Leonid Skakunov of Russia’s Drive-In Workshop cut his teeth as a mechanic at various workshops before renting a small space of his own in 2016 to build custom bikes. In the last four years, his builds have garnered awards in several major competitions, including the Russian Handbuilt Cup and IMIS International Motorcycle Show. Most of his bikes push the envelope in terms of style and technology, such as the “Elisium” Honda Hornet cafe fighter, which featured wood fairings and a “transformer” tail capable of transitioning from a solo to two-up seat, or his Ducati S2R “Sherwood” recently featured on Pipeburn — combining 3D-printed parts and hand-crafted timber.
This ’92 Honda CB750, however, was a bit of a departure, completed with a limited budget and a different aesthetic in mind:
“The concept was simple: to make a very classic cafe racer! And it’s not particularly easy to do — it’s difficult to bring something new to the motorcycle with a small budget, I mean new engineering or design ideas.”
That said, such constraints often breed creativity, and that was the case here. Leonid created a pair of bespoke air ducts to hide the headlight mounts, concealed the large dashboard behind a small handmade fairing, and formed a pair of carbon fiber ducts to cool the back of the engine. He found a rear wheel from a CBR900 that had the exact same arrangement of spokes as the original but with two inches more width, enlisting the help of fellow Russian builder Vitaliy Selyukov of Balamutti to manufacture the spacers and sprocket flange to make the wheel fit, and worked with his friend Anton from @octopus_art_aerografia for the custom paintwork.
Below, we get more details on the build from Leonid himself, as well as some striking shots from photographer @atwophoto.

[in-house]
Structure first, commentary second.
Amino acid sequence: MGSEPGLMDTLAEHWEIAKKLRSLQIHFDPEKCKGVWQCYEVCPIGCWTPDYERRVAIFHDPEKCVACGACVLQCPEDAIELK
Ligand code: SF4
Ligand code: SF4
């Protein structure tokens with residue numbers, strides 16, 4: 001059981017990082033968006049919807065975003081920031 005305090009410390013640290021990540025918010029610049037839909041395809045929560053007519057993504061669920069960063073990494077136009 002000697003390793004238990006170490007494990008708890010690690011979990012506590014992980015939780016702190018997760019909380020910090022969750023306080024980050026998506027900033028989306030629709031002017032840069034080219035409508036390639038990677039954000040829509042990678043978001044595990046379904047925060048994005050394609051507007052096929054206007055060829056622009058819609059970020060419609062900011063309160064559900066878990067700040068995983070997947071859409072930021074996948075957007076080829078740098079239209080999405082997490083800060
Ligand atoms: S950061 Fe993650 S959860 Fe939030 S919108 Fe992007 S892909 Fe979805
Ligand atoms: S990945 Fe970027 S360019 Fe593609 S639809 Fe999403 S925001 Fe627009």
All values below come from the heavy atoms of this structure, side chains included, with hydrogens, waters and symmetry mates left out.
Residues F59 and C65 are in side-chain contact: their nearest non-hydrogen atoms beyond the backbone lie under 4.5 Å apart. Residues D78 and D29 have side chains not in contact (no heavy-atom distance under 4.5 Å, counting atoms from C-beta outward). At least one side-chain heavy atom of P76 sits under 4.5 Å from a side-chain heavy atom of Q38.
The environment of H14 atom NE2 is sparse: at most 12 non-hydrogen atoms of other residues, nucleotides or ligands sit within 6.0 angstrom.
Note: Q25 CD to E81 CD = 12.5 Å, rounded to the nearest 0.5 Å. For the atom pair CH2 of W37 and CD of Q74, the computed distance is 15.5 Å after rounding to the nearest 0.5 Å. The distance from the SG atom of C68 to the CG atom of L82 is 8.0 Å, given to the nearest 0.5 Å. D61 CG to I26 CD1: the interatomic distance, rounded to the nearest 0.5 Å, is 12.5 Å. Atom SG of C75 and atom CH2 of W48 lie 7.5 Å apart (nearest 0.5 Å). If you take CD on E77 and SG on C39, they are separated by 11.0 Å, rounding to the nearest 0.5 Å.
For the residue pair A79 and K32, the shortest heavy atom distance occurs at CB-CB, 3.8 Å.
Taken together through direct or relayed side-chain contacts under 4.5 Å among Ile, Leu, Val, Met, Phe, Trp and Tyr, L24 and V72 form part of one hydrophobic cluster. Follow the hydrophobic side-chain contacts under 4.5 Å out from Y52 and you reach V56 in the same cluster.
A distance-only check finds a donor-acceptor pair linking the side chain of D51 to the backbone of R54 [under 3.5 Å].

Honda CB750 Cafe Racer: Builder Interview
I have been working as a mechanic for 10 years, and for the last four years I have been building and modernizing motorcycles in St. Petersburg, Russia. In my opinion, a cafe racer is something that everyone should do for themselves, in their spare time — saw off everything unnecessary and add everything you need.
I heard a rumor that one of our mutual friends had a motorcycle in the city and the owner decided to make himself a cafe racer 🙂 Well, after a couple of attempts, he abandoned this idea! I found this person and before long his Honda CB750 stood in my workshop 🙂
The concept was simple: to make a very classic cafe racer! And it’s not particularly easy to walk around — it’s difficult to bring something new to the motorcycle with a small budget, I mean some engineering or design ideas.
I started with a gas tank, adjusted the back of it, made a tail where I removed all the electrics and the battery, removed everything unnecessary in the lower part of the motorcycle.
I drew a 3D model of the upper yoke and sent it to the CNC for processing. Set the clip-ons. I really wanted to hide the headlamp mount, so I made them in the form of an air intake…
…and added a fairing on top to hide a fairly large dashboard.
As the front of the motorcycle became more visually striking, I decided to load it further, making overlays for the cylinder head…
Somehow I got a wheel from a Honda CBR900 (893) with the same arrangement of spokes but wider by 2 inches. I picked up the bearings for this wheel and mounted it on the original axle, measured all the distances and went to Balamutti (the St. Petersburg workshop that deals with Ducati).
Vitaliy took the dimensions and using the lathe, made spacers for the axle and flange of the sprocket to align the chain line. In one day I replaced the rear wheel — it’s good that Honda has very lazy engineers 🙂 And then there were little things… I wanted to show this project that all this can be done in the garage on weekends with a little imagination and perseverance 🙂
Since I made a new exhaust using parts from a Honda CB600, I had to set up the carburetor and install new jets — the engine spins up very vigorously 🙂
I used carbon for several years to decorate motorbikes — this is a simple solution if you need to dilute the dull black color. I took all the elements to my friend Anton, who paints all my bikes. Since I was making a classic cafe racer, I decided to make it black, or almost black, with some graphics on the tank and tail… Anton embodied my ideas 🙂
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